282811 Environmental Life Cycle Assessment of New Energetic Materials
There is growing interest in the development of new energetic ionic liquids for use as aerospace propellants and explosives. Due to their negligible vapor pressure ionic liquids are usually considered as “green” alternatives to volatile organic compounds. In addition, ionic liquids and salts have tunable physical and chemical properties. Energetic materials release large amount of energy when they decompose. In the case of explosives all energy is released rapidly while in the case of fuels the energy is released in a controlled manner. These materials derive their energy content from oxidation of the carbon backbone or from their high positive heats of formation. The general requirements for energetic materials are high energy and density, thermal stability, low sensitivity to impact and low toxicity. Traditional energetic materials that are commonly used in explosive formulations are HMX (1,3,5,7-tetranitro-1,3,5,7-tetraazacyclooctane), RDX (1,3,5-trinitro-1,3,5-triazacyclohexane) and TNT (2,4,6, trinitrotoluene). Hydrazine derivatives are widely used as energetic fuel in rocket propulsion systems. Most recently several energetic ionic liquids have been proposed as high-energy materials, propellants and explosives. A large number of ionic salts and ionic liquids that are based on a triazole derivative have been proposed as energetic materials. 1,2,4 triazole and 1,2,3 triazole have heats of formation values of 109 KJ/mol and 272 KJ/mol respectively.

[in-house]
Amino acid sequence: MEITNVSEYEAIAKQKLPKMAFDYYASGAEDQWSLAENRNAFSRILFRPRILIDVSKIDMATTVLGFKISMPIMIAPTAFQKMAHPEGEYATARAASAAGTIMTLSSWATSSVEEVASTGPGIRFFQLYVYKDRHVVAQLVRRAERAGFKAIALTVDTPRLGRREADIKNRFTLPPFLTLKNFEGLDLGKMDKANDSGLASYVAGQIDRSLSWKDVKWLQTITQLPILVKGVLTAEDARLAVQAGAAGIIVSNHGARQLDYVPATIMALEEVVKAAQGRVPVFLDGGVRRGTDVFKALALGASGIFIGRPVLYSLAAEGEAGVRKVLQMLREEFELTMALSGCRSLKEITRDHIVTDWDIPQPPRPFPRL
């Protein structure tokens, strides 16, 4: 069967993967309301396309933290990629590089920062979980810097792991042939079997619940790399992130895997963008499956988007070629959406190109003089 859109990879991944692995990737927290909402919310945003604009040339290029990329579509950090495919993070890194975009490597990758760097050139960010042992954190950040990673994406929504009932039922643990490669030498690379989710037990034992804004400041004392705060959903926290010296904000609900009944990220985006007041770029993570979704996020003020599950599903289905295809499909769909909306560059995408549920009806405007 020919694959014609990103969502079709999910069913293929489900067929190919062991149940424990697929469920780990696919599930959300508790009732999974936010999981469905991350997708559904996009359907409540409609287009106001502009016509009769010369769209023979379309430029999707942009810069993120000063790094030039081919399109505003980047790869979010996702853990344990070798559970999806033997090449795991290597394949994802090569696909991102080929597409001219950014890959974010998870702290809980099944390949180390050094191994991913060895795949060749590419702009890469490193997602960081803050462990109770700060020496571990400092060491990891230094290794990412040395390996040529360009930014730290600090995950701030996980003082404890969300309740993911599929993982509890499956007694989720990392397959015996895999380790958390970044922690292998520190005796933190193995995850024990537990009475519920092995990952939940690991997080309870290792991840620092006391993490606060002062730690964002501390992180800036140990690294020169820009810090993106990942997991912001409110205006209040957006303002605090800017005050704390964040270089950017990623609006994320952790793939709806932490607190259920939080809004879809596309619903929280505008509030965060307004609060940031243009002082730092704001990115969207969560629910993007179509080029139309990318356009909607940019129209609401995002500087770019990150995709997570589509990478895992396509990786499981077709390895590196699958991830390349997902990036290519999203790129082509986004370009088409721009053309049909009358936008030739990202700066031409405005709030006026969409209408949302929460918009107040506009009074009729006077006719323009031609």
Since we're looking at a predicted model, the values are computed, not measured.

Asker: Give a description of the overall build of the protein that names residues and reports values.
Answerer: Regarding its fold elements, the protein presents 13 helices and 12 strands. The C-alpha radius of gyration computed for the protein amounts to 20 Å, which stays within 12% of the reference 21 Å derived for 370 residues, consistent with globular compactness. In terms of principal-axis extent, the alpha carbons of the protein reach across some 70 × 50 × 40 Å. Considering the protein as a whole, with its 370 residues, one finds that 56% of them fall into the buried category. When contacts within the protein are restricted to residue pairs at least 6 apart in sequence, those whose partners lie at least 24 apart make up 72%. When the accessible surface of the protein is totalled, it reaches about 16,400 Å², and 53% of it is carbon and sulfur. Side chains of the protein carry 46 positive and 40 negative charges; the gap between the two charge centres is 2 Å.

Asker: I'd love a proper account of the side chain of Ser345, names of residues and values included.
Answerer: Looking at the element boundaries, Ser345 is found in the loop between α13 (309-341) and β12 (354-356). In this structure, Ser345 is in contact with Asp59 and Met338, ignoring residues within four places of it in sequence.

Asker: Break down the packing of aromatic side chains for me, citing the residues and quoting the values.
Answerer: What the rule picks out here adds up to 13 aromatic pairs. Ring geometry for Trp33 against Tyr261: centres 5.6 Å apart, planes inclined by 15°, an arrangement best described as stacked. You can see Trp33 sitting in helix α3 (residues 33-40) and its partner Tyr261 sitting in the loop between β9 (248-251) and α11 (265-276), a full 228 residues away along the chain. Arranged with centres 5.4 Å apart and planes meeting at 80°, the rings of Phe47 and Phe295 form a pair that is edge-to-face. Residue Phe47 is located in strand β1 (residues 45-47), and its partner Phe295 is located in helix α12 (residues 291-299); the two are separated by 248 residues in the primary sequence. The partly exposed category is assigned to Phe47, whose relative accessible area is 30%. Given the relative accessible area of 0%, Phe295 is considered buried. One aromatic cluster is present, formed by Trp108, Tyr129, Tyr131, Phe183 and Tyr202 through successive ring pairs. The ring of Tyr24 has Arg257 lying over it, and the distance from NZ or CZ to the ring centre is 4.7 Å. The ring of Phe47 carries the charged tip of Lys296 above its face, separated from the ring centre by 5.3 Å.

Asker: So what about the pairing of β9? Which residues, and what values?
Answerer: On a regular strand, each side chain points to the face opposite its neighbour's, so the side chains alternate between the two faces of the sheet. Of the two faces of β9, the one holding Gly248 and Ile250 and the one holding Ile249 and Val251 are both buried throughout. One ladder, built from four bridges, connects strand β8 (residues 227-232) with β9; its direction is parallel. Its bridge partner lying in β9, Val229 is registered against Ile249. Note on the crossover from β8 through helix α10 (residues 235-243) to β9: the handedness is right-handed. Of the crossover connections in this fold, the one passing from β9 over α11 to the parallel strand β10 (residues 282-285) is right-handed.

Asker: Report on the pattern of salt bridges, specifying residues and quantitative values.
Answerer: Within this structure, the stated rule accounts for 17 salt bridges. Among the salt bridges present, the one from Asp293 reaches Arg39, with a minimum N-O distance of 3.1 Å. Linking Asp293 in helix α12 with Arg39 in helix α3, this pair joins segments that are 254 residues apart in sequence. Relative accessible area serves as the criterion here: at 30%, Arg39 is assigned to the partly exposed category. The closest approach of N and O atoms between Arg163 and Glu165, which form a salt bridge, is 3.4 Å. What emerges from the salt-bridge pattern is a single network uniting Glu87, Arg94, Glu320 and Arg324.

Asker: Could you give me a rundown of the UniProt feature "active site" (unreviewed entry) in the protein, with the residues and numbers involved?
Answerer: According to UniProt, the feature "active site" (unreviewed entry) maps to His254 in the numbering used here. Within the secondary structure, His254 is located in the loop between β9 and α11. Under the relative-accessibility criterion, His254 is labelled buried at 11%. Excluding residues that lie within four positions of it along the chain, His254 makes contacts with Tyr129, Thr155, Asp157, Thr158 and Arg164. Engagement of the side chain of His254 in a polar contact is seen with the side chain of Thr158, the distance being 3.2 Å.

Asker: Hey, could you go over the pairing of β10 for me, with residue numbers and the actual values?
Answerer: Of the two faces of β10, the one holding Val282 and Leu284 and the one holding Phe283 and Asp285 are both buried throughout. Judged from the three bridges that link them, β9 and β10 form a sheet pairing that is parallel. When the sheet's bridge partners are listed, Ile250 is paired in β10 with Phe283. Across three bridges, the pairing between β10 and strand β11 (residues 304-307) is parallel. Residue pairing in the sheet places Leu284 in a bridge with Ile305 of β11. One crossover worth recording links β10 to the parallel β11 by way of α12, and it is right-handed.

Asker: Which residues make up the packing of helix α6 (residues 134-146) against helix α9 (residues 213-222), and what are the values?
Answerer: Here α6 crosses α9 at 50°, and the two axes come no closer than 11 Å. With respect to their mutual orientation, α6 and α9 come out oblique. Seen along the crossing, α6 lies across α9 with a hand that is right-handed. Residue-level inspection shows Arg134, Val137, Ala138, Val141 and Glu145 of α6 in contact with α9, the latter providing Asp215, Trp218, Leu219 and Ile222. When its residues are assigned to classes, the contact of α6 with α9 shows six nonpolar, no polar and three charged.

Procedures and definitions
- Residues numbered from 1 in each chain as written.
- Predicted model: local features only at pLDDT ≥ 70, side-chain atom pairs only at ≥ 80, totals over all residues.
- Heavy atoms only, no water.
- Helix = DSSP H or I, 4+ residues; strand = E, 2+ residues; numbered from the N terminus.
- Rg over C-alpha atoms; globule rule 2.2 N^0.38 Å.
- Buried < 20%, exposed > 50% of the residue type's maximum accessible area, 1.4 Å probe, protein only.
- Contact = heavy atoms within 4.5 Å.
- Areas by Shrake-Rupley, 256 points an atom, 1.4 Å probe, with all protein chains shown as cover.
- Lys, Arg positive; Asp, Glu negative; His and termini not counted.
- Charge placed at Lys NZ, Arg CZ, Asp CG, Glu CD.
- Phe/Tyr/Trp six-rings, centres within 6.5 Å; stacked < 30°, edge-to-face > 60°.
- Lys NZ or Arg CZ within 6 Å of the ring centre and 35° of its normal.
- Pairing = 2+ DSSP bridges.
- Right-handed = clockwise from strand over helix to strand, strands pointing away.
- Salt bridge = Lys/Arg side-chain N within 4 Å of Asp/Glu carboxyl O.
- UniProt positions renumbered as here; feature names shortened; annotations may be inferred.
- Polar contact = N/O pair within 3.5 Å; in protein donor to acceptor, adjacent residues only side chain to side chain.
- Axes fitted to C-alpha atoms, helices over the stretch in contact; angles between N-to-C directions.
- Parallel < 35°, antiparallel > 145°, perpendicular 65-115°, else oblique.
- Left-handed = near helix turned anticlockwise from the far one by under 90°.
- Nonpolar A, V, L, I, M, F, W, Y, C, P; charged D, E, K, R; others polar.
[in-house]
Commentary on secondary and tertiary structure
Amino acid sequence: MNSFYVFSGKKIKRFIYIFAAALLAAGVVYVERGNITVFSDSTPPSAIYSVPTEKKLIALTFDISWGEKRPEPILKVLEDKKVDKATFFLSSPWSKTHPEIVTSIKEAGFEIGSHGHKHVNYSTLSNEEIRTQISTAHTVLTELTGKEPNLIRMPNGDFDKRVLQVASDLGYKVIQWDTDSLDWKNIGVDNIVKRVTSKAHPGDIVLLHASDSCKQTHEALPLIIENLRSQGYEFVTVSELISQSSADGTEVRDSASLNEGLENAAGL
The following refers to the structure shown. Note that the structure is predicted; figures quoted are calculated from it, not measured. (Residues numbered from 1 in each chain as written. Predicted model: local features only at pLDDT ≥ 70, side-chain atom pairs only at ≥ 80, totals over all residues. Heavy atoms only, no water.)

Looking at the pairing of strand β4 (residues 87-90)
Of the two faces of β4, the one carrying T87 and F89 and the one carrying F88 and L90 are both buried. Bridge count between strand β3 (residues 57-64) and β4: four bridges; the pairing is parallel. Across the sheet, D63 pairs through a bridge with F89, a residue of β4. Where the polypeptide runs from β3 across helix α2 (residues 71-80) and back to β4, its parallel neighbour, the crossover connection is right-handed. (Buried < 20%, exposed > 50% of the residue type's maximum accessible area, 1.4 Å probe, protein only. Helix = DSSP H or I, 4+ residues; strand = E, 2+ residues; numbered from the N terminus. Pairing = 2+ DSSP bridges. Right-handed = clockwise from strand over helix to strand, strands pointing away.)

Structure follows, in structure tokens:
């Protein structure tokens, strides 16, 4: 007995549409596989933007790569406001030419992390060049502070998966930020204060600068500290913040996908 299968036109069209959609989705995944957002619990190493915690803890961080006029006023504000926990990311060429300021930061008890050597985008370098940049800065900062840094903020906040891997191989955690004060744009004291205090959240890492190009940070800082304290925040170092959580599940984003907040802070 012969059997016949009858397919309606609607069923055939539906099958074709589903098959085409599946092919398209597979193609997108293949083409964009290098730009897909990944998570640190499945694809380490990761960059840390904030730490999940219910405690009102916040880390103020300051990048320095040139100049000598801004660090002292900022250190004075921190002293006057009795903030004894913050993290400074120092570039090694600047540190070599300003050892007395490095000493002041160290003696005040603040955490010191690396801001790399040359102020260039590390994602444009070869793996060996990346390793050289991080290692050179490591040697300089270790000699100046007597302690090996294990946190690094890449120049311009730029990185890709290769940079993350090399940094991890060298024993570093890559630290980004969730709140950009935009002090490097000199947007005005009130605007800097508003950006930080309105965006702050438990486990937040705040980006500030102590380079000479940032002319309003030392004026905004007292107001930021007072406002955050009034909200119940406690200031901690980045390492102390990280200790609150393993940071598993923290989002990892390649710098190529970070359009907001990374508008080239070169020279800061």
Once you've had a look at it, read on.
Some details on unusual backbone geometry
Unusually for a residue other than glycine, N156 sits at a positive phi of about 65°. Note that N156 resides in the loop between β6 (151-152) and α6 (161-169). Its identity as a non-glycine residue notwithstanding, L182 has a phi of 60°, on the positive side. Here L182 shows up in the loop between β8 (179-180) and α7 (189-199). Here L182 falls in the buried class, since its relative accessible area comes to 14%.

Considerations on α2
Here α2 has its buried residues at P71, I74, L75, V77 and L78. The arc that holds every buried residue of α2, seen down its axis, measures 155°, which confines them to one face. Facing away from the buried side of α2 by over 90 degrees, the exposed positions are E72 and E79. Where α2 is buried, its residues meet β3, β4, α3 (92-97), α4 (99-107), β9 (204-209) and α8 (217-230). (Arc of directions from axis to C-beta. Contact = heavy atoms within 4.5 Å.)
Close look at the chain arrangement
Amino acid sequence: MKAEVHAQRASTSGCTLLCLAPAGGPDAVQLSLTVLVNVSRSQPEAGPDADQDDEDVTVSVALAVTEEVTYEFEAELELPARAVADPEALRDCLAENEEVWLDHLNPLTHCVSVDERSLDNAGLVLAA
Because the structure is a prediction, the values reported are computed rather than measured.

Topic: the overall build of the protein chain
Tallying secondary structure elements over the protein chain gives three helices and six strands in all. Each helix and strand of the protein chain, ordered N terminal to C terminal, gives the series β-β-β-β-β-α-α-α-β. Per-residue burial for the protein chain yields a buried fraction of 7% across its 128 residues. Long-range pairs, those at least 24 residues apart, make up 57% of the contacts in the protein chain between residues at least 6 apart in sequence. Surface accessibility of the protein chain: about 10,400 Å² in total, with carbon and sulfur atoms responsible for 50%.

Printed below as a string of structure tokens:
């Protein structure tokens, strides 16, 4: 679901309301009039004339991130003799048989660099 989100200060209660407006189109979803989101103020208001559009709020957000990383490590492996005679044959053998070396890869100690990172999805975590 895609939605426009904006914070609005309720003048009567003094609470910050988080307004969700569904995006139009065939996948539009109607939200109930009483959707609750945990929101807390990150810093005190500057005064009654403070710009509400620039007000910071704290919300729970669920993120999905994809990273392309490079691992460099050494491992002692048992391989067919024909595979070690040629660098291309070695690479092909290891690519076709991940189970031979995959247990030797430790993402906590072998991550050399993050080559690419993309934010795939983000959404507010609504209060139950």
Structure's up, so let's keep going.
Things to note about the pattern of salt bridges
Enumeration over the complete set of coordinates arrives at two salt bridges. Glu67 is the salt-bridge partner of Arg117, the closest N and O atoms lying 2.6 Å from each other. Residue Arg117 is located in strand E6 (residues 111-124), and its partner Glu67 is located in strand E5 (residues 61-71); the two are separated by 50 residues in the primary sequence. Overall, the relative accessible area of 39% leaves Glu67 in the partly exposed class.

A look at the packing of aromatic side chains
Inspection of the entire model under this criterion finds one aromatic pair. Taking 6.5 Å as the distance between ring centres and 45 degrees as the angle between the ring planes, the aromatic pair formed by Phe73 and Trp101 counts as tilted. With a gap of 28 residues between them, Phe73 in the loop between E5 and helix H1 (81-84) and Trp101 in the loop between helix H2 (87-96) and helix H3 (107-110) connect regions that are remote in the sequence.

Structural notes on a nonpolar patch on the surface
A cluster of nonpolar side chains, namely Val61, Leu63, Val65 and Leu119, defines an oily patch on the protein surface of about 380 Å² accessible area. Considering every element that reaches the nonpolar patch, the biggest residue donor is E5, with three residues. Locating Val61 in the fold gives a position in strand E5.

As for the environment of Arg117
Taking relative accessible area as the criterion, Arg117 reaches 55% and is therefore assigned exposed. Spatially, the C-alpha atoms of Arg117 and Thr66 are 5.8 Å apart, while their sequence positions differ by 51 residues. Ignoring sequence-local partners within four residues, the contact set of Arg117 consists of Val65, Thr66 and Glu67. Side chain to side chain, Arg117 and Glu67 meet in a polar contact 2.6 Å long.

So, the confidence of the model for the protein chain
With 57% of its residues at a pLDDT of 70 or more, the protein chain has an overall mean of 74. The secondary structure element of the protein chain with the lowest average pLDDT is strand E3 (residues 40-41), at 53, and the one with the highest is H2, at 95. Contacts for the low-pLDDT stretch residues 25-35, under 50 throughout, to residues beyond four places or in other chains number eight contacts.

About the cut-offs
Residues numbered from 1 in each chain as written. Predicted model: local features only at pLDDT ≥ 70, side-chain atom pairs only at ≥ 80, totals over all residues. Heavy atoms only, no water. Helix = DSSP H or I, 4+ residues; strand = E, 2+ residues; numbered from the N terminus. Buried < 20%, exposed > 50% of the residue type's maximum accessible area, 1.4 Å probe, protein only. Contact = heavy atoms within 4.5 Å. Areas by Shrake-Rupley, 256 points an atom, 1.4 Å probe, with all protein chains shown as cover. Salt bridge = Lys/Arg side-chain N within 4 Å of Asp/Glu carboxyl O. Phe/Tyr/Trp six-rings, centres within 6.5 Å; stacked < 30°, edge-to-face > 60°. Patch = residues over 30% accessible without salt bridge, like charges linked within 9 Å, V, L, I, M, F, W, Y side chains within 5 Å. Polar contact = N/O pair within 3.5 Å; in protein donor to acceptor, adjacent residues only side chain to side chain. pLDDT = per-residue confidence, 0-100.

In this work we use environmental life cycle assessment method to study the environmental impact associated with the production of ionic liquids and ionic salts to compare with the environmental impact of common energetic material such as TNT. This will provide insights into whether the newer energetic materials that are currently being designed are indeed environmentally friendly as being assumed.
See more of this Group/Topical: Environmental Division